I wouldn;t say ‘crap’ as one other poster here did becuase in the interests of making 10 friends I have tried to curtail my swearing. I’m not good at reading how to put stuff together but visually .. whizz band(That was apropos of nothing.. but maybe there out there there are a coupe of people who might make up my aim of 10 friends?)I wonder did the primates think of singing and music as they saw it as a way of making more friends. And do Rock Concerts make us friends?

  12. Lady Strathconn says:

    I am sorry for Anonymous #15, I have over 700 friends on Facebook. I have a handful I have never met, but am connected to through my college.

    On the other hand, I have very few close friends. I know lots of people, but I prefer to keep company with only a few.

    I remember reading somewhere about a person telling a friend, “I currently have the 15 friends I need, but when I have an opening I will let you know.”

  13. azaner says:

    This concept struck me as either dead-on, or a weird coincidence. For the first years after we got married, my wife and I limited our Christmas card list to a maximum of 120 addresses, which was four pages of 30-count Avery address labels. Just seemed like a good number, and it included all the “important” people in our lives. Each year would always bring in a small number of new addresses, but we could almost always manage to edit away more or less the same number, to keep it at 120. (Seemed sort of like a waste to “spill over” into only two or three labels of a new Avery sheet–but I admit it was a totally artificial limit.) But when we became parents, somehow the list swelled a bit, and edits became much more difficult to make (unless someone actually died). So we added a fifth 30-count Avery sheet to our psychological boundary, meaning that for the past few years our Christmas card list has been settled comfortably at exactly 150.

  14. Anonymous says:

    and hey, no one mentioned the size of an average wedding… anywhere between 150 and 300… which is coincidentally 150 times two.

  15. Anonymous says:

    Interesting. ^^
    But 150???
    Come one … if I add up all the people, I have ever known in my entire life, I won’t get a total count of 150! :D

  16. limepies says:

    i for one, have exactly 100 facebook contacts. but that’s a pretty arbitrary number. i cut out everyone who i accepted, but i don’t really know them, or i didn’t really like them the short length we spent in school/work. and then about 95/100 of those *friends* are acquaintances, or people i might say hi to but not much else.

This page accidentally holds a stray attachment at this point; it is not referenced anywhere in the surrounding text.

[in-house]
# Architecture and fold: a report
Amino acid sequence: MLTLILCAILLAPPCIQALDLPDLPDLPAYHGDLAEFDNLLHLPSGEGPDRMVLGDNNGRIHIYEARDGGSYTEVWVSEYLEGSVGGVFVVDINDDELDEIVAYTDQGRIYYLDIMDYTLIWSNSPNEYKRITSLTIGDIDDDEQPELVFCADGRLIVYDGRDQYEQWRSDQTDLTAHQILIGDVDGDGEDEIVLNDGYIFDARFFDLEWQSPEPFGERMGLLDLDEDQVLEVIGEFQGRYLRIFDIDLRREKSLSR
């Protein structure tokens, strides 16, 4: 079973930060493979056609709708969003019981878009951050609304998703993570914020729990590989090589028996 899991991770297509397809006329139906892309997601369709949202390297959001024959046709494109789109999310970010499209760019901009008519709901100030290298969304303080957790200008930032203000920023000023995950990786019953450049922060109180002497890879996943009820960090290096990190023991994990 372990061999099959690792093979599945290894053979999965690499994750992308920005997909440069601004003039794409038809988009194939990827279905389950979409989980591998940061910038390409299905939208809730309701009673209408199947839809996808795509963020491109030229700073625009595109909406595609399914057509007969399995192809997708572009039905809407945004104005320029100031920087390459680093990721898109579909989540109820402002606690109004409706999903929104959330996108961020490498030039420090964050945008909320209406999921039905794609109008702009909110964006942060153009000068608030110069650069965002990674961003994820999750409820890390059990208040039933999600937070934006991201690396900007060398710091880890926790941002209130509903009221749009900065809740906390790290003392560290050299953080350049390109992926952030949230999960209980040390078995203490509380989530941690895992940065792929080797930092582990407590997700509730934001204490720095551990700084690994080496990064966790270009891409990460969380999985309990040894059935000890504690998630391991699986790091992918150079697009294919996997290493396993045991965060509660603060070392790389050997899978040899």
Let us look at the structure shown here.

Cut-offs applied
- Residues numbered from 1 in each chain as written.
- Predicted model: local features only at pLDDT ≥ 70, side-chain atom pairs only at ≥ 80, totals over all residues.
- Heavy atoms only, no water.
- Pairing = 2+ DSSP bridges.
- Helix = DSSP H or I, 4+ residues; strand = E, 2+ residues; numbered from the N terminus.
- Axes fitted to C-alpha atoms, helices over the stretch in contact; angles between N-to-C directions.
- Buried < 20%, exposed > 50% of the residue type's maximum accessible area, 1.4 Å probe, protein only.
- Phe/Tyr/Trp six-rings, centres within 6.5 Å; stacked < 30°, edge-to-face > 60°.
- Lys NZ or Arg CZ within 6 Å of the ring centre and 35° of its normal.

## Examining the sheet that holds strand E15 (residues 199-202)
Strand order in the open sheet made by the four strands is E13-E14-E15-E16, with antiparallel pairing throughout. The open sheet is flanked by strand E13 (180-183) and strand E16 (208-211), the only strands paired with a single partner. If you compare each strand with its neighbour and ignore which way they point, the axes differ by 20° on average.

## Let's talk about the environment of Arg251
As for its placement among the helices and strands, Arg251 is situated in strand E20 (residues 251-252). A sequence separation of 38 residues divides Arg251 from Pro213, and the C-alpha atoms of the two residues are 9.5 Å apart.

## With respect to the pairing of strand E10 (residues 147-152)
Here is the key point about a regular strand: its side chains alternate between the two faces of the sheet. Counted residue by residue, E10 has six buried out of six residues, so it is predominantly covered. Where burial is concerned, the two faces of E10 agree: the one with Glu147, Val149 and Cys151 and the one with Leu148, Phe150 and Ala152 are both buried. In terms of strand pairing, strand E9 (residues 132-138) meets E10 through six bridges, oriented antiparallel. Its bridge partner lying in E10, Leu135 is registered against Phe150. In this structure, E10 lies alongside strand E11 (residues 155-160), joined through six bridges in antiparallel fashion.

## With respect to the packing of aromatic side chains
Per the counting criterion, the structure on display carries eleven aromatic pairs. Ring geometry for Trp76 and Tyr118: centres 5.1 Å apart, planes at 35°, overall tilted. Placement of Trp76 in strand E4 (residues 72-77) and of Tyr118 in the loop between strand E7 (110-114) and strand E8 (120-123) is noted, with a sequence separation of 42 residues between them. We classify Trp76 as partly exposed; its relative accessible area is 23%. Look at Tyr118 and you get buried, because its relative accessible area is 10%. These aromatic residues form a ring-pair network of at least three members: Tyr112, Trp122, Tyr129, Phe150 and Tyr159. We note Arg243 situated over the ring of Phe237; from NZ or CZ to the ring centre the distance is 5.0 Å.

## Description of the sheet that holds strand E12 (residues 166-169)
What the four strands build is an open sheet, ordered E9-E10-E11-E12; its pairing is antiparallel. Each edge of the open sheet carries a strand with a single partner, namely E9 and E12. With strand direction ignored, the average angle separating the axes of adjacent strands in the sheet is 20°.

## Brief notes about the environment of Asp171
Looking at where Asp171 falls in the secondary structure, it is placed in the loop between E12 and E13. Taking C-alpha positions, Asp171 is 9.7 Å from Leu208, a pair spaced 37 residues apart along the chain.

i really only have a handful of close friends and that’s it. small family, too. maybe i’m just an antisocial socialist.

  17. Anonymous says:

    Interestingly, Dunbar’s number of 150 is close to the average number of friends on Facebook, 130.

  18. phenomenon says:

    The monkeysphere!

  19. Anonymous says:

    I read about someone who studied how people act towards each other vs community size. He studied towns in africa and found that people regularly greeted each other up to a certain population (don’t recall that value) and when it got bigger they stopped.

    I’ve noticed myself doing the same thing on trails when hiking. I’ll greet folks regularly (and so do they) until the number of people on the trail gets too dense then I stop. Seems like there is a burn-out factor.

    • robnit says:

      This is analogous to the “Texas 2 finger Salute” – when approached by an oncoming vehicle (typically pickup) on a lonely 2-lane highway, it is customary to raise the two fingers you have draped over the steering wheel in salutation to the other driver. If there are too many cars on the road, one will skip this courtesy.

  20. nerak says:

    This is pretty interesting :D <3 anthropology!

  21. agitprop says:

    I’ve got one hundred and fifty THREE friends on Facebook, so I guess that blows that theory.

  22. Anonymous says:

    I’m sorry, my brain does not have sufficient memory to add you as a friend.

    Goodbye.